Top fraud threats to red meat supply chain

The four top food crime threats to the red meat supply chain have been highlighted by the Food Standards Agency’s (FSA) National Food Crime Unit (NFCU) in a report just published.

The paper, written for the FSA and Food Standards Scotland, examined and reviewed the threats facing the UK’s £200 billion food and drink industry. 

According to the report, opportunities for dishonesty within the red meat industry exist throughout the supply chain. The issues facing the sector were summarised under four major areas of vulnerability: livestock theft and poaching; illegal slaughter; misdescription and diversion of animals; and species substitution.

Livestock theft and poaching

The review recognised that, although the theft of livestock is a serious crime in itself, it can be a clear precursor to food fraud, “as animals entering the food chain in this way will inevitably breach traceability regulations”.

According to the National Farmers’ Union (NFU) Mutual Rural Crime Survey 2015, 90,000 animals were stolen in 2014. The value of livestock stolen in greater quantities has reportedly risen over 20% since 2010, with the financial loss for 2014 estimated to be £7m.

Between July 2014 and July 2015, the FSA reported that one Welsh police force claimed that financial losses due to livestock thefts equalled £126,000, while another police force in the north of England said roughly £250,000 had been lost as a result of sheep theft over the 10 months to June 2015.

As the FSA highlighted in the report, this could potentially lead to food hygiene risks. The organisation said that it was highly likely that stolen livestock would be processed through illegal channels, so that offenders avoided detection. It is believed that the premises and practices inflicted on stolen animals would probably violate food hygiene regulations.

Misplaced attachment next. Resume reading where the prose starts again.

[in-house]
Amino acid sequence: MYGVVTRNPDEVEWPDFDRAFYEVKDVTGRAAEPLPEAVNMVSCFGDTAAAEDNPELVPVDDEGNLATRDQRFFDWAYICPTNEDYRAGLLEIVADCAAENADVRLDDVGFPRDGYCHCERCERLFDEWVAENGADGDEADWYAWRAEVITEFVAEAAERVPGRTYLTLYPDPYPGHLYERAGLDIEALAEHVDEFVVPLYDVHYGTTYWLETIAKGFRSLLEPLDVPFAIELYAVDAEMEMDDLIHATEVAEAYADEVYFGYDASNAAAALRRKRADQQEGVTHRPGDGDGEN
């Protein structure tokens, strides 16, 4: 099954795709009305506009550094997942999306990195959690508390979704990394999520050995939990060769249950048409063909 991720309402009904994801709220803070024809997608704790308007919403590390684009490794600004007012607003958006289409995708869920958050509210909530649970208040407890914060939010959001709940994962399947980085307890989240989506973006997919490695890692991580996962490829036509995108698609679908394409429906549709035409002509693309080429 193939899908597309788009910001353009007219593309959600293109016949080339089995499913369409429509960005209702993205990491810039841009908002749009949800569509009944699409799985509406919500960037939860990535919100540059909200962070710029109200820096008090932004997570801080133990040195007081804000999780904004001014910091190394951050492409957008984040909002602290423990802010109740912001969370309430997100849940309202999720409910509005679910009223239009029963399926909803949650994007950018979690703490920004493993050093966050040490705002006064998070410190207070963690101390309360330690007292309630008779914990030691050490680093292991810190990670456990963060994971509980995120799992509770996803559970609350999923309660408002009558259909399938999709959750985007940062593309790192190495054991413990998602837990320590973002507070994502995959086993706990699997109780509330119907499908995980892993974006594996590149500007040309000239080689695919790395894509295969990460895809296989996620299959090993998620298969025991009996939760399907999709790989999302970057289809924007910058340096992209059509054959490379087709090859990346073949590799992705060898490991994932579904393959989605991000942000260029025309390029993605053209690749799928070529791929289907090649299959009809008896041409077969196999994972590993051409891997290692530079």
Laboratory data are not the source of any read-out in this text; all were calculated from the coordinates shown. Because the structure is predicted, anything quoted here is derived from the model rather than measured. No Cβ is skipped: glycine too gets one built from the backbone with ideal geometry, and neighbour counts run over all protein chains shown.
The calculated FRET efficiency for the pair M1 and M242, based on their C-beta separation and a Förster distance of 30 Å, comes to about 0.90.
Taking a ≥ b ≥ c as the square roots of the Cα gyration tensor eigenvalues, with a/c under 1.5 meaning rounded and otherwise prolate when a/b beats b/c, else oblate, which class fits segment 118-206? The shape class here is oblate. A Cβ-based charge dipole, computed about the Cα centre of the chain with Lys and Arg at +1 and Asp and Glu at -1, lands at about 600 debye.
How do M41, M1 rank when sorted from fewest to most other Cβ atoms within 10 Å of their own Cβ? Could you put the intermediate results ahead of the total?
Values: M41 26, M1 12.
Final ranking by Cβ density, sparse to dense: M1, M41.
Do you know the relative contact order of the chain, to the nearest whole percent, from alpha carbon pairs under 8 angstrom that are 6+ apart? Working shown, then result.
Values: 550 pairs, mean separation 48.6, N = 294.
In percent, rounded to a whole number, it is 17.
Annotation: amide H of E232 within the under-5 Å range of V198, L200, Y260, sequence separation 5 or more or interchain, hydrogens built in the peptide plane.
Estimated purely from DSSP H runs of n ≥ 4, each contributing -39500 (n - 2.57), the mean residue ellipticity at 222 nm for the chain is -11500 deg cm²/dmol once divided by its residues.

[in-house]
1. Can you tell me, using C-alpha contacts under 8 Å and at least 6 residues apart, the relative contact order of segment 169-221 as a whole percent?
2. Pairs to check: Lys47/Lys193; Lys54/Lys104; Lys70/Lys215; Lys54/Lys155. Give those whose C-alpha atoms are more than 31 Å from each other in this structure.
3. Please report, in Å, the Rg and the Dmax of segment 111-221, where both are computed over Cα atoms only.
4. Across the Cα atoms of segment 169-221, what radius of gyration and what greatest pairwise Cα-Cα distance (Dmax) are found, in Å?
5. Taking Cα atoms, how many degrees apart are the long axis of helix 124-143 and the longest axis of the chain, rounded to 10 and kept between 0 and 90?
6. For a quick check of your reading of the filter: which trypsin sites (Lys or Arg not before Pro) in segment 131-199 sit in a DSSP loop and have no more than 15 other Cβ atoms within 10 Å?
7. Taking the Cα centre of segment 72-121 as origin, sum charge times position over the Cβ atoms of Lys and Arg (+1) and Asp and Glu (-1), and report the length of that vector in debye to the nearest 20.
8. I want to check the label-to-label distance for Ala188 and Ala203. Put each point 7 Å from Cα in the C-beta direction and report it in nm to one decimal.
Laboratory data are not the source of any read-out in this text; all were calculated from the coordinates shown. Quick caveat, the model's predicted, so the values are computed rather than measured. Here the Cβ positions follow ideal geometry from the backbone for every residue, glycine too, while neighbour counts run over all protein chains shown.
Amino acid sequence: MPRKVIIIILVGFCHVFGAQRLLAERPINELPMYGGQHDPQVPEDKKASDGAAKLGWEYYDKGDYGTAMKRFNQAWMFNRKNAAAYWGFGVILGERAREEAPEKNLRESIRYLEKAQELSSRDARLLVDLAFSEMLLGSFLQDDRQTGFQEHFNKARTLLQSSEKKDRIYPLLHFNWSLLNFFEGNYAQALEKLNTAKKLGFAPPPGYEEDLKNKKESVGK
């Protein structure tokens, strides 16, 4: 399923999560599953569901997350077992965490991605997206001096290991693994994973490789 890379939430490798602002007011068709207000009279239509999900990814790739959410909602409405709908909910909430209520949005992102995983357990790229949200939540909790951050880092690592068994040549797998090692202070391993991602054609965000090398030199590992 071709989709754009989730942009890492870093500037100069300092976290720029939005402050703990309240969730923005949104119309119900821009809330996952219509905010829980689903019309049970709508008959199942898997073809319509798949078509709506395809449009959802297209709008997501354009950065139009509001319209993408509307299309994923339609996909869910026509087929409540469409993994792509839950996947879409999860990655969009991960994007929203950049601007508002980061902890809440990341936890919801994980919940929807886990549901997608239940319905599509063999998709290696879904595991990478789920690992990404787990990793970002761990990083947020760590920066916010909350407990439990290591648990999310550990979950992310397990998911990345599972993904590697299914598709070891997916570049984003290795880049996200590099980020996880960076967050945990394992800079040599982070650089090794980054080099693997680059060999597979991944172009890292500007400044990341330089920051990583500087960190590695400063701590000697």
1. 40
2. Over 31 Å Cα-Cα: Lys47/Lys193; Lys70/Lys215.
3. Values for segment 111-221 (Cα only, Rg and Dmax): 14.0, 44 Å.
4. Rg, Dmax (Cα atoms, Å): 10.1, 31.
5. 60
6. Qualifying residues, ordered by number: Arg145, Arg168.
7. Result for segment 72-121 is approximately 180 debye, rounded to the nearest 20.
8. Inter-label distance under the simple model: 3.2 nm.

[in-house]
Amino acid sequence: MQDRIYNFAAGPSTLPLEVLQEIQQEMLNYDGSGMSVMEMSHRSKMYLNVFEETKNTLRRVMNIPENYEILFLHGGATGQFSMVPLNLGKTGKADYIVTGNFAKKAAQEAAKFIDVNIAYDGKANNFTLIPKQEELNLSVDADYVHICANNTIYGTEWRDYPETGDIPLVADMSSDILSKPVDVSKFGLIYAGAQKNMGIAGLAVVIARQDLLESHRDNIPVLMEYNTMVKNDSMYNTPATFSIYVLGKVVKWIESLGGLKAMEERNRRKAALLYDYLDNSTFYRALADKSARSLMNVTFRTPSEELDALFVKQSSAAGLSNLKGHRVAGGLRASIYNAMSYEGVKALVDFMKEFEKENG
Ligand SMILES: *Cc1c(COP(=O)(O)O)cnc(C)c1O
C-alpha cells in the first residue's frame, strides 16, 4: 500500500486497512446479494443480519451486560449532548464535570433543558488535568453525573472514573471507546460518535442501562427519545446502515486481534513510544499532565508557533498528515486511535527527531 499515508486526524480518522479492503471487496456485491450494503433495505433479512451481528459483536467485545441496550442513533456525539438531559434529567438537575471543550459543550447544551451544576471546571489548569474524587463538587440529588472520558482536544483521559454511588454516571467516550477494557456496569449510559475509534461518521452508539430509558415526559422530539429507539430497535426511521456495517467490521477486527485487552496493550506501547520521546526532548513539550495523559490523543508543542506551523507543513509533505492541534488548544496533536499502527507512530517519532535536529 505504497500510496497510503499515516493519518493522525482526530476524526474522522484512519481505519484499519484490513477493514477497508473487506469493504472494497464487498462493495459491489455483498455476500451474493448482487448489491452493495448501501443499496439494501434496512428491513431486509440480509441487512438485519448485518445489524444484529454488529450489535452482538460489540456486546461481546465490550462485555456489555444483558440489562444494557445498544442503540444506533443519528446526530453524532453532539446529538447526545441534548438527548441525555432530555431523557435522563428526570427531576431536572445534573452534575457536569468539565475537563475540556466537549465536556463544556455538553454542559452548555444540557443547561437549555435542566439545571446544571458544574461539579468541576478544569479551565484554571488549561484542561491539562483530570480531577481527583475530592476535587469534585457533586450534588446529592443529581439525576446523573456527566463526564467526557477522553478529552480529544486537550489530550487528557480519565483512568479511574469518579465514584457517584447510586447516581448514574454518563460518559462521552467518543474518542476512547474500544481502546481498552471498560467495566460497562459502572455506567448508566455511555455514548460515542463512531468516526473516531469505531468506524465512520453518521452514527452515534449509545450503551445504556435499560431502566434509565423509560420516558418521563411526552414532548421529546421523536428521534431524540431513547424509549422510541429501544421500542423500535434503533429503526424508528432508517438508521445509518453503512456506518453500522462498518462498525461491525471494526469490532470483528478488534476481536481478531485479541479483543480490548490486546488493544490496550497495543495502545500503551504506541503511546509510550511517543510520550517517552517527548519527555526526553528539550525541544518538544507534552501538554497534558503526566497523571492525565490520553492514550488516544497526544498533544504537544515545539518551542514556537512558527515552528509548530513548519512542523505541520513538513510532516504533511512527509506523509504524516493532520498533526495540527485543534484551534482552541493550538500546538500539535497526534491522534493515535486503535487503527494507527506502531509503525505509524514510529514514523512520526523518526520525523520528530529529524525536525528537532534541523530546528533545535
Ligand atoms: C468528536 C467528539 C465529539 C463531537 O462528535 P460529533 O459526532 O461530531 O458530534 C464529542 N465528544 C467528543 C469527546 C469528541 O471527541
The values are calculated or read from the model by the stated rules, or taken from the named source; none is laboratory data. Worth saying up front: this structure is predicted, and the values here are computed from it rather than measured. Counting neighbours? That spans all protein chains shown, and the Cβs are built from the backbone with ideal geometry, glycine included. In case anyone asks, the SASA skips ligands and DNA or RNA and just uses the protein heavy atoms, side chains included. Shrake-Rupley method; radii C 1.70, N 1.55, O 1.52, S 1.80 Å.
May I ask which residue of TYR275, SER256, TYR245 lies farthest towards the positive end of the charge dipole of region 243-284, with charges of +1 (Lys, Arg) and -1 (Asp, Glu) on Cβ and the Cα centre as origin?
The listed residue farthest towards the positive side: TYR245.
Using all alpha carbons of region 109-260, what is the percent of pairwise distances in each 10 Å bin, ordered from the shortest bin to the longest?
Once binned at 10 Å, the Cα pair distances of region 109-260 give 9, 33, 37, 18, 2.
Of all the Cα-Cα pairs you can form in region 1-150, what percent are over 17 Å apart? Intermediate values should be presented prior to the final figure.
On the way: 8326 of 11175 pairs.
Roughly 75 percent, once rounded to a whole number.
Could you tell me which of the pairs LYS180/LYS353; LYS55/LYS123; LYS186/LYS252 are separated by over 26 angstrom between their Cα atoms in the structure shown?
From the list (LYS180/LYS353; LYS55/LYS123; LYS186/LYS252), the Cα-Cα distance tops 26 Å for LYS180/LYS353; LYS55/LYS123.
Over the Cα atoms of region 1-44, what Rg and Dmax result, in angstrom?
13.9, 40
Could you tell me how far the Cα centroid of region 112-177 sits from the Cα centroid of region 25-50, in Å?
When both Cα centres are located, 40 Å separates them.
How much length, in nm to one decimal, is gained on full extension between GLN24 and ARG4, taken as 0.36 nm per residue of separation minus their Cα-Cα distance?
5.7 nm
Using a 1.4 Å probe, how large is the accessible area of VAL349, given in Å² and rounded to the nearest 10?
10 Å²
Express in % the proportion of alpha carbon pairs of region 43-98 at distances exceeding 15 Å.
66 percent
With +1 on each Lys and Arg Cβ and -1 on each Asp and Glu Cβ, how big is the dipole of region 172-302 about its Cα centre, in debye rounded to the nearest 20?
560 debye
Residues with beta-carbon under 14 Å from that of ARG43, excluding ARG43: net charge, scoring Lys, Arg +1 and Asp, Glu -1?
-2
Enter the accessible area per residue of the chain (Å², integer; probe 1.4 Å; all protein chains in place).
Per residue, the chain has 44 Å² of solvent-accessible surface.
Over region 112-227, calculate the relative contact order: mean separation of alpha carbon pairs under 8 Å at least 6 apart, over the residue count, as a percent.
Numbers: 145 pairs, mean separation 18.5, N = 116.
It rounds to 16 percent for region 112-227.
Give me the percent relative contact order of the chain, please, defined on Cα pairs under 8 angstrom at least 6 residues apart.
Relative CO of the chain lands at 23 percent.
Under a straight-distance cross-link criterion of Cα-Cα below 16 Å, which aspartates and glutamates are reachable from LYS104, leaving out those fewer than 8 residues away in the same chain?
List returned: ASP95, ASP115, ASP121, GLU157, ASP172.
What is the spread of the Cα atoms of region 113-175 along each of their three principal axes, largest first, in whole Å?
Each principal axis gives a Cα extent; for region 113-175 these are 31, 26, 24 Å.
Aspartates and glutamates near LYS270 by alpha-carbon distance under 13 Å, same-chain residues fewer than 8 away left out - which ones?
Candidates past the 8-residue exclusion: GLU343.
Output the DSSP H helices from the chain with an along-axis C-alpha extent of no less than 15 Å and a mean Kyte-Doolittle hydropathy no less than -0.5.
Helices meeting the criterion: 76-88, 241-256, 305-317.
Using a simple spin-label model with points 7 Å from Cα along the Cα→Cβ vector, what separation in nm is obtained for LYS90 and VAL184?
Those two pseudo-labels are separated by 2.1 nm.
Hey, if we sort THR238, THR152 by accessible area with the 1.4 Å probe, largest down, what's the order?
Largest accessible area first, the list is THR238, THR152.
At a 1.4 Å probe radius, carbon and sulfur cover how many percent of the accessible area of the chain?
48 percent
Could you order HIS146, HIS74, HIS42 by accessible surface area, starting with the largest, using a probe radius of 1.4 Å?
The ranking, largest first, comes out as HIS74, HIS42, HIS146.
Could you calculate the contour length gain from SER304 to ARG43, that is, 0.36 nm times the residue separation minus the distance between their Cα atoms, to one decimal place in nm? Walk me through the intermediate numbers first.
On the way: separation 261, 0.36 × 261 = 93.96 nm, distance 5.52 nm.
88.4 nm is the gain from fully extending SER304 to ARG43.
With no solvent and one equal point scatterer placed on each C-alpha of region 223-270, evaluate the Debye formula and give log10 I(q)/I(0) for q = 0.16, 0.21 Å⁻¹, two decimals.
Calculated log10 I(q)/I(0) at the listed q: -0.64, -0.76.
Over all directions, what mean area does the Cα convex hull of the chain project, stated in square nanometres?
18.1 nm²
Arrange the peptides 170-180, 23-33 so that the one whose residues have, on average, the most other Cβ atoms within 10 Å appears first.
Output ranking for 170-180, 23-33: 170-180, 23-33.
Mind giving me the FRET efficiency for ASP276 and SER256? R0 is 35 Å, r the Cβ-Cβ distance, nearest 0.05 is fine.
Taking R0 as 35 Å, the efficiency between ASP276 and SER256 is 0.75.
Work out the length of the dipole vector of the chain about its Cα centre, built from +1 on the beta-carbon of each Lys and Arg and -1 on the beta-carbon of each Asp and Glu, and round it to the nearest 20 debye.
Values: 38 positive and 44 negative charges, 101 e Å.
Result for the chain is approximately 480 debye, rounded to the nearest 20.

In addition to these hygiene concerns, poached stock might be moved over relatively large distances, which raises further questions about the health risks caused by the way in which the meat is stored and transported.

Illegal slaughter

“Illegal slaughter is the processing of an animal for human consumption through unapproved premises,” stated the report. Where this was being practised, the guarantee that hygiene standards and animal welfare have been respected could not be confirmed, meaning the end-product would pose greater health risks for the consumer.  

Livestock at risk of illegal slaughter were often animals which were unfit for human consumption by virtue of age.

The FSA acknowledged that were are possible loopholes in this violation, meaning that abusers could go undetected. “On-farm slaughter can be legal when animals are slaughtered for the owner’s personal use. This does not include where a professional slaughter person conducts the kill on the farm under the owner’s supervision.

“This exemption can be abused by claiming slaughter is for personal use, but then surreptitiously selling the meat, or by claiming that the animals were sold while alive, so the slaughter was, in effect, for the customer’s personal use. The practice has been linked to the selling of meat via farmers’ markets, to butchers or to associates.”

Misdescription and diversion of animals

The FSA claimed that this violation could lead to “animals unfit for human consumption entering the food chain through legitimate slaughter routes”.

Such practices in the UK could lead to food-related risks overseas. As an example, the FSA highlighted that issues had been identified relating to the movement of horses from the UK to France and Belgium.

Although horses are able to be moved abroad, provided that they have the appropriate documents, concerns have been raised that live horse exports are being falsely declared for leisure purposes. The animals are then thought to be taken for slaughter, without proper regard to any veterinary medicine residues within the horses.